- Bite Wounds
- Snake Bites
- Broken Bones
- Hit By Car
- Eye Injuries
- Breathing Problems
- Toxicity + Poison
- Poisonous Plants
- Poisonous Human Foods
- Prescription Complications/Reactions
- Rat Poison
- Household Cleaners
- Human Medication
- Other Conditions
- Foreign Objects (including Bones)
- Bleeding From Eyes, Nose or Mouth
- Inability To Walk
- Distended Abdomen
- Difficulty Breathing
- Changes in Behavior or Appetite
- Allergic Reactions
- Inability or Straining to Urinate
- Reproductive Emergencies
- Seizures (Abnormal or First Time)
- Blood in the Urine, Stool or Vomit.
- Diabetic Crisis
- Urinary Disorders
- Cardiovascular Disorders
- Neurologic Emergencies
- Dermatologic Emergencies
- Diagnostic Tests/Equipment
- Electrocardiography (ECG)
- Gastrointestinal Contrast Studies
- Blood Chemistry
- Biochemical Profiles
- Pathology (In-House + Out-Service)
- CBC Machines
- Blood Gas Analyzer
- Blood Coagulation Analyzer
- Digital + Mobile Radiography
- Magnetic Resonance Imaging (MRI)
- Spiral Computed Tomography (CT)
- Critical Care Transfers
ASG provides 24-hour patient care. Referring veterinarians can transfer a patient to Animal Specialty Group for round-the-clock monitoring by our experienced staff. Click here for printable Critical Care Transfer Form and return to (818) 507-9418.
- Please include blood work results, radiographs, vaccine history, and relevant portions of the medical record.
- Radiographs sent with the owner will be returned promptly.
To download our Emergency + Critical Care brochure, make sure you have Adobe Acrobat installed (click here to get it).
ER + Critical Care Partners
American College of Veterinary Emergency and Critical Care www.ACVECC.org
Emergency + Critical Care
When every second counts for your dog or cat, our Emergency Center is open for you and your pet 24/7, 365 days a year.
If your dog or cat becomes sick, or is injured during your veterinarian’s normal business hours, he/she should be your first choice for treatment. But pets, like people, seem to need medical attention in the middle of the night as often as they do during business hours. If this is the case, Animal Specialty Group is here, acting as an extension of your primary veterinarian, providing 24-hour emergency + critical care services after-hours when they are closed (nights, weekends & holidays).
Is it an emergency?
Perhaps your pet wasn’t bitten by a rattlesnake, but, if he/she is sick, hurts, or just doesn’t feel well, we recommend that they be evaluated by one of our qualified emergency veterinarians. Chances are we can make them (and you) feel better.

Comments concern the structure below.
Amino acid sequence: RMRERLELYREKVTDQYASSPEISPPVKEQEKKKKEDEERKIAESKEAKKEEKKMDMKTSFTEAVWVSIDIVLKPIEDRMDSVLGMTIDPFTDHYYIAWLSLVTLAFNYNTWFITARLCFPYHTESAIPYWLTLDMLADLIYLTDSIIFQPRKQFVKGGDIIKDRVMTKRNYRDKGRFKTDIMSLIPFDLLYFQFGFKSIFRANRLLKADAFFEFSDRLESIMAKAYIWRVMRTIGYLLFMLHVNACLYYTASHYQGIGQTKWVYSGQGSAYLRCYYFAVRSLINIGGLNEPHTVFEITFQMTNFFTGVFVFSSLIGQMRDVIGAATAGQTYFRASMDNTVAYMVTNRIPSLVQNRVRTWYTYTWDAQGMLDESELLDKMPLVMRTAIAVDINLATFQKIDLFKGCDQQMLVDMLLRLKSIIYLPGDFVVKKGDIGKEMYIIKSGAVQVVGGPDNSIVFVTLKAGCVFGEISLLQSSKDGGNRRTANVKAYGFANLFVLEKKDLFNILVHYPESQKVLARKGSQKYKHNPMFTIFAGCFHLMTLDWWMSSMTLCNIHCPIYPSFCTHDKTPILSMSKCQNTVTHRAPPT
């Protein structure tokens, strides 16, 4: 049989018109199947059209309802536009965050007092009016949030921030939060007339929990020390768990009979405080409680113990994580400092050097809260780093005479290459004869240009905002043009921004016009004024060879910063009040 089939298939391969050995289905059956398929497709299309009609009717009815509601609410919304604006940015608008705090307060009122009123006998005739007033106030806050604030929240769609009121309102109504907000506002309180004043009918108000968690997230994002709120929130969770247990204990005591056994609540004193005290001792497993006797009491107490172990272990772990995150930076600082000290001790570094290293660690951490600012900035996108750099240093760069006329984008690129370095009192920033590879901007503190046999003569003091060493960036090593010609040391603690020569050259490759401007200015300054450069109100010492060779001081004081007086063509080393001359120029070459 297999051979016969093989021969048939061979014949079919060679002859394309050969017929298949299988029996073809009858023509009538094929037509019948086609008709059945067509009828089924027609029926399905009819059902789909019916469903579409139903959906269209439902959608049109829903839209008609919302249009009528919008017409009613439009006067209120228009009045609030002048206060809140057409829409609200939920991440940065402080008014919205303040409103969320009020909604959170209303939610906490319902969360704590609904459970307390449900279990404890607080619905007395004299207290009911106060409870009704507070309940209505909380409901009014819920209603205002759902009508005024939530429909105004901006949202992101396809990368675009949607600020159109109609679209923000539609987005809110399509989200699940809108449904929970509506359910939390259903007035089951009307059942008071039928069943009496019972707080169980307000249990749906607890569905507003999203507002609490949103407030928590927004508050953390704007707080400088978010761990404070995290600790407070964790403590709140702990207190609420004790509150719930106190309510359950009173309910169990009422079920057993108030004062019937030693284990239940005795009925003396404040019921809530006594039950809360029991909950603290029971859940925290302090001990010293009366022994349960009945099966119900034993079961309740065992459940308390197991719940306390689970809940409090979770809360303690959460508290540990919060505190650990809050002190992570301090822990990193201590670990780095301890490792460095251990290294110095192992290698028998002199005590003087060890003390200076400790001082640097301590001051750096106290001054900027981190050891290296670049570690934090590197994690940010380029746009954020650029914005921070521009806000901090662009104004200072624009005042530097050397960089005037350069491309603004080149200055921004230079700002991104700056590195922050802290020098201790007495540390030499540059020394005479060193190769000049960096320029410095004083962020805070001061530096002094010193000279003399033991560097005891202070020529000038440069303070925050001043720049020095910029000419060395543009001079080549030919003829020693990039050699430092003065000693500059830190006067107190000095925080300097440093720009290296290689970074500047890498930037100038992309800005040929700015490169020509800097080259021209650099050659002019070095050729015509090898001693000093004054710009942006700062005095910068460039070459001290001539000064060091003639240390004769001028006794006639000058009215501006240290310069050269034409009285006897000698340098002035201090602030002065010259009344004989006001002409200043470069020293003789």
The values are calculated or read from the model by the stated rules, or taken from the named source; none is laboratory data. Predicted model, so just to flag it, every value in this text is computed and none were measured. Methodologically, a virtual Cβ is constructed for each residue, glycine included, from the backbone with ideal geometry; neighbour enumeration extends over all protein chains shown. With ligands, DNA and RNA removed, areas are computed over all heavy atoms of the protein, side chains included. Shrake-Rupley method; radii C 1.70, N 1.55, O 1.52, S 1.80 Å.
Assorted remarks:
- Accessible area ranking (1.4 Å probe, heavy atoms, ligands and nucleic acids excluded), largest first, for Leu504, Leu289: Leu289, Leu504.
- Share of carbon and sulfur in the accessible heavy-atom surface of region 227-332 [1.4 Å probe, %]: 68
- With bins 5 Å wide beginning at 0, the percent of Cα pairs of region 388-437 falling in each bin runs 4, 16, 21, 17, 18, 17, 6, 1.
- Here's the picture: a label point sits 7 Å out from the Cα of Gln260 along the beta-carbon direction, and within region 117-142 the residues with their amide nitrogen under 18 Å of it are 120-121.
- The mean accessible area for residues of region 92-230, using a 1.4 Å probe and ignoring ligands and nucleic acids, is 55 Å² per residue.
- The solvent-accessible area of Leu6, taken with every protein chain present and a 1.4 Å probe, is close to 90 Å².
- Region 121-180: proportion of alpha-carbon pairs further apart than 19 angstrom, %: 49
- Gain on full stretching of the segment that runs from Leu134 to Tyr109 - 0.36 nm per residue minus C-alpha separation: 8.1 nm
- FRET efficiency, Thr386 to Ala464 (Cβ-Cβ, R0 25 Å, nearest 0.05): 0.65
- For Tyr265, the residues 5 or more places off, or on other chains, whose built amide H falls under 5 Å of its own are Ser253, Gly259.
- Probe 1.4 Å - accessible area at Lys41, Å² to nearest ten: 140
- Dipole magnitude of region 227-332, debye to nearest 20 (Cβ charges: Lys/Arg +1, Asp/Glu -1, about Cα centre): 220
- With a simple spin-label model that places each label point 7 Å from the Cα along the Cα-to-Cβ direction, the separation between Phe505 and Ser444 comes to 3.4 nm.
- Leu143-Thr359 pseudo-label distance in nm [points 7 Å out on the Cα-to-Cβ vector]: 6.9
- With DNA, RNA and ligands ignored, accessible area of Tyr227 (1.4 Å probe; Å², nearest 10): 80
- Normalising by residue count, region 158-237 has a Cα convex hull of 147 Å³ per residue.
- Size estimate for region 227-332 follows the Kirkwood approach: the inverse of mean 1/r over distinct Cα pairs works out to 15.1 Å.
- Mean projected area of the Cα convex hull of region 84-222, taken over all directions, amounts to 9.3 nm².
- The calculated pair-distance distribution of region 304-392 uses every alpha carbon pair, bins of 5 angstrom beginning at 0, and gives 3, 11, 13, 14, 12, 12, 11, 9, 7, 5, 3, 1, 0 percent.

Please understand that, in the case of traumatic injury (such as in the case of a dog bite or being hit by a car), serious internal injury could have resulted that is not obvious, but needs immediate treatment. If there is any question, we recommend that you have your pet examined by a veterinarian.
Our Emergency + Critical Care team is in place to help you and your pet 24/7 (including holidays).
We put the “Care” in Critical Care
Not all emergencies (like lacerations) require “critical care,” but seriously ill pets truly need critical care. Similar to an ICU or a CCU in a human hospital, our veterinarians and critical care technicians keep close vigil over your pet. Whether your dog has parvo, your cat is having a diabetic crisis, or something else is seriously wrong, some pets require close monitoring until they are well enough to go home.
Veterinarians refer patients to us for hospitalization and ICU care, because we have the staff and the equipment to care for these sickest of pets ‘round-the-clock. Our “criticalist,” Dr. Young, is board-certified in internal medicine and in emergency & critical care medicine, and he works closely with our emergency doctors to ensure your pet is getting the most appropriate, most tender care possible.
At Animal Specialty Group, “intensive” is an understatement.
Referring veterinarians can fill out our Critical Care Transfer Form online, or fax it to us, so that we have all of the information needed, such as the results of tests that have been done and medications given, to provide good continuity of care. We will continue the care plan already in place, as well as make any other diagnostic or therapeutic recommendations as the situation demands. One of the benefits of having a Critical Care Unit inside a large referral hospital is the access to the latest equipment, and specialists from several disciplines, working together to ensure the best possible outcome.